Boise State’s passing and running game is the #1 offense in the conference, producing an impressive 498.8 yards per game. Their 38.3 points per game is the best in the conference. But it has sputtered and coughed of late. Last week they struggled to put just 3 points on the board in the first half against a New Mexico team that was giving up an average of 407.9 yards per game.

Keys to victory for the Boise State defense: New Mexico’s Austin Apodoca's big-play strikes and Jhurell Pressley's 132-yard rushing performance will be the Falcons blue print Friday night in an effort to hand Boise State a second stunning loss in a row. The key to victory for the Broncos defense is to prevent that repeat from happening.

Air Force will be coming at Boise State with their triple option attack which is the #1 ranked offense in the conference. Their ground game averages 5.3 yards a run with 333.2 rushing yards per game. It will be imperative that the Broncos defense stuffs that run. That is going to be hard to do with the Falcons arsenal of playmakers: RB Jacobi Owens, 6-1, 202 lbs, is one of their top guns this season with 673 yards and 6 TD’s, averaging 4.84 yards a carry. Then there is RB D.J. Johnson, 5-10, 235 lbs, sharing the backfield. He has 425 yards and has bounded into the end zone 6 times this season. QB Karson Roberts, 6-1, 195 lbs, has 463 rushing yards of his own and punched in 8 TDs. The Falcons rotation of tailbacks allows them to keep their backfield fresh. No less than seven running backs have seen action in at least 8 of 10 games this season.

The Broncos field one of the top rush defenses in the nation. Yet Boise State struggles to contain the option attack. Last week they held New Mexico to 195 rushing yards, below the Lobos average of 235 rushing yards going into that game, but New Mexico still averaged 5 yards a carry. By comparison Air Force averages 5.3 yards per rush. The Falcons scoring offense is ranked second in the Mountain West and is averaging 34.1 points per game, second only to Boise State’s (38.3). In addition 35 of Air Force’s 43 TD’s have been rushing TD’s.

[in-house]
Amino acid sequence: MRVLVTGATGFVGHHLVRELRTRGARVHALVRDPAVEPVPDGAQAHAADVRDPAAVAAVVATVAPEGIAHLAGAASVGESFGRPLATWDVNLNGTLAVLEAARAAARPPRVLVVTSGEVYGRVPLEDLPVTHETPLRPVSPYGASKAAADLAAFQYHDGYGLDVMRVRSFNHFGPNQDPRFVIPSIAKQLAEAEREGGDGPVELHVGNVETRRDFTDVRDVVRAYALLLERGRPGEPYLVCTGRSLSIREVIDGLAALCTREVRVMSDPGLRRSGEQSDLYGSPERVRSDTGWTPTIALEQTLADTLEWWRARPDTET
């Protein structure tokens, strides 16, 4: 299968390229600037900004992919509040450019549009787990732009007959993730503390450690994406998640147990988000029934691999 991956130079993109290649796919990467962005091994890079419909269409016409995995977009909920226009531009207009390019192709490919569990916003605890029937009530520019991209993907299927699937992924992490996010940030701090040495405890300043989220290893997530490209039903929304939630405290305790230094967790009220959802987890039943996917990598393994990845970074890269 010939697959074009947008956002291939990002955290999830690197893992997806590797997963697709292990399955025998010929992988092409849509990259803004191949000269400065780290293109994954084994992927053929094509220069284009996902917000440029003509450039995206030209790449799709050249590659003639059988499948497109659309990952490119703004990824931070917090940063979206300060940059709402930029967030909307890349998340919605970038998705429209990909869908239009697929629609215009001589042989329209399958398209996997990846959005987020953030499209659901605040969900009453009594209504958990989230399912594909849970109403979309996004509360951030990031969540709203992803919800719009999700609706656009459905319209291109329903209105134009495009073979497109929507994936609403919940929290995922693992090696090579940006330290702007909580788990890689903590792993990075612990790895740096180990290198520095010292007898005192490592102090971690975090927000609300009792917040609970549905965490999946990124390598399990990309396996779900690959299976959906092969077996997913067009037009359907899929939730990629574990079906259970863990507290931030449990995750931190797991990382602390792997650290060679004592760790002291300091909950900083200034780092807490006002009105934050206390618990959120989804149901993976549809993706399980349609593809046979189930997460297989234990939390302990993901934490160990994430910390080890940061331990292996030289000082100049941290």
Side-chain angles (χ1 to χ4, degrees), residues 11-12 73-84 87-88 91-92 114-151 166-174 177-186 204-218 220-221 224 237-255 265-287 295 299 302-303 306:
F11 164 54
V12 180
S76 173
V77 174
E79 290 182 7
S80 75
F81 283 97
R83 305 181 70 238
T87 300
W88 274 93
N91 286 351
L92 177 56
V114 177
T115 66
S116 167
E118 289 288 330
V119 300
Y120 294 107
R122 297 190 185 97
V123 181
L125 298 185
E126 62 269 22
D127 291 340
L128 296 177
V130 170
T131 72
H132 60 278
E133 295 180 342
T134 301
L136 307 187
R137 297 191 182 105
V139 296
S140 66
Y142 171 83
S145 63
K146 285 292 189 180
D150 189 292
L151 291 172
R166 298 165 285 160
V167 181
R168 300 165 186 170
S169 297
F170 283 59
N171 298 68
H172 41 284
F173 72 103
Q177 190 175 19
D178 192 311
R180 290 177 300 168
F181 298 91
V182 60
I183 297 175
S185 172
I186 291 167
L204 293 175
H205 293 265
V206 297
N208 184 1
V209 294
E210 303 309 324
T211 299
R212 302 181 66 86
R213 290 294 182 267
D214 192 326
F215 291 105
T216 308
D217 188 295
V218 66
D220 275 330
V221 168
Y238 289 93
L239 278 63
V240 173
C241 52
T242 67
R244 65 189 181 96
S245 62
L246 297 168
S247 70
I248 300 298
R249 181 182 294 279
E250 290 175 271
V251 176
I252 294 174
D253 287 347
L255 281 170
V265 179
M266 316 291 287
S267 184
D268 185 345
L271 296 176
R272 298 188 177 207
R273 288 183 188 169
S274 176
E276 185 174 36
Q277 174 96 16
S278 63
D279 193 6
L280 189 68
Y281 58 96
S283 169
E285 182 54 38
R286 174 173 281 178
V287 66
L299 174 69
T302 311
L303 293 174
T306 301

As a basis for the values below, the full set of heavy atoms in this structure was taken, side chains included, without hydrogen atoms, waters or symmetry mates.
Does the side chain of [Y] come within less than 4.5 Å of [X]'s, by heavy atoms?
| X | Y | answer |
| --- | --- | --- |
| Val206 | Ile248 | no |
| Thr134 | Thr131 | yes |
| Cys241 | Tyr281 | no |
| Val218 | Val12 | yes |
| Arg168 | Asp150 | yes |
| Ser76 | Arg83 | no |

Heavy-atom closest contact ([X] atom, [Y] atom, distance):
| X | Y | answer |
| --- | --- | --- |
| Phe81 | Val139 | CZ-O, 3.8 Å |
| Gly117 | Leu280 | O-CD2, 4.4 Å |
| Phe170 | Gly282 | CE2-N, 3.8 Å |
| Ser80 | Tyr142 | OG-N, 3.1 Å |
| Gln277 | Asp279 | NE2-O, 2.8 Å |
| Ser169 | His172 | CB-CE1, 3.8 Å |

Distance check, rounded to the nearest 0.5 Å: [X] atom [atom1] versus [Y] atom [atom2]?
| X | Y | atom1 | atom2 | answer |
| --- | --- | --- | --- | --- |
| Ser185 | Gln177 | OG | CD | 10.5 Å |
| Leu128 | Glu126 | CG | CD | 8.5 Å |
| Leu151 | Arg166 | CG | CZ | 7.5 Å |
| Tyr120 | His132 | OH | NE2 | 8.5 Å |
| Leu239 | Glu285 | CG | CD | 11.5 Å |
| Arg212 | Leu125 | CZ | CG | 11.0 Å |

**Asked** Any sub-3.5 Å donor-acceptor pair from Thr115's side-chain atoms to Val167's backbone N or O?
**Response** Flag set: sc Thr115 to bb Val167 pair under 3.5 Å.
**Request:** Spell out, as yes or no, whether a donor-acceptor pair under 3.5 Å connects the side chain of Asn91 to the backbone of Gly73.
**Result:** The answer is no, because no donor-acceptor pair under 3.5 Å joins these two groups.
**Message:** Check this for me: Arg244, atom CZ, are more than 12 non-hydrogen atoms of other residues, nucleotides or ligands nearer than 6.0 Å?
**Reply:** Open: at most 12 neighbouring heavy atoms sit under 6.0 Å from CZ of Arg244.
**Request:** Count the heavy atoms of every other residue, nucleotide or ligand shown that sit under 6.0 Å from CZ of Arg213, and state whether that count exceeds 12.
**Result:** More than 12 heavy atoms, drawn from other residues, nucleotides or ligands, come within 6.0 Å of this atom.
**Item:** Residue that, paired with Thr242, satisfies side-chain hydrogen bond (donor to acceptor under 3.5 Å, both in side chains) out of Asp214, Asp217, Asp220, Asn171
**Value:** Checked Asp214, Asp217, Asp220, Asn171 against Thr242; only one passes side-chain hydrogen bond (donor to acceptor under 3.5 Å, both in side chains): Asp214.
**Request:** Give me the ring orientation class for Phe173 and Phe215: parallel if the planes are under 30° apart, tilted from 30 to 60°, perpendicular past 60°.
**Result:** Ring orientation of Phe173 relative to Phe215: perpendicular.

If there is a surprise coming Friday evening it could be with an Air Force passing attack. They rank last in the conference in passing and average just 121.7 passing yards per game, but that is more of a preference for the run rather than a weakness in passing. Last week against Utah State, the Falcons passed for 271 yards and a TD. Karson Roberts has a good arm and has completed 50 of 91 attempts for 965 yards this season with a rating of 149.74. There is no question that the Falcons are capable mounting a solid passing game that could take advantage of a weakened Boise State secondary, especially with defensive players like DB Gabe Perez, DB Rondel McNair, S Dylan Sumner-Gardner, and DB Donte Deayon still out indefinitely.

Keys to a victory for the Boise State special teams: Air Force wide receiver Garrett Brown, 5-9, 180 lbs, is 1st in the conference in punt returns and averages 10.75 yards a return. Boise State is last in the conference in defending against the punt, giving up an average of 12.45 yards per return. It is easy to see who is going to win this battle.

The Broncos fare little better when defending against kickoffs, givingup an average of 20.88 yards per return. But the Falcons are even worse and give up 24.69 yards per kickoff return. The larger problem here for the Boise State kick return team is that they have lost two of their key players: Akilian Butler and Shane Williams-Rhodes were the two kickoff returners.

Other keys worth mentioning: If Boise State cleans up one area they seem to fall in others. In their last outing the Broncos committed just 4 penalties for a loss of 39 yards, while New Mexico committed 16 for a loss of 135 yards. New Mexico also had just 11 first downs to Boise State’s 40, they never converted a third down in ten tries, and were outgained 641 to 413 total yards. Yet the Lobos won the game. The keys to that loss were two-fold: Boise State giving up the big plays and losing the battle in turnovers. It will be key to any win that the receivers and running backs grab onto and hold onto the football.

Prediction: A lot is at stake in Friday night’s matchup. Air Force is looking at holding onto the lead in the Mountain Division and getting into Mountain West Conference Championship game. Boise State is still in it and they also need the win on Friday night. Once again the Vegas crowd has Boise State favored as the outright winner by 11.5 points.

Boise State 32, Air Force 24.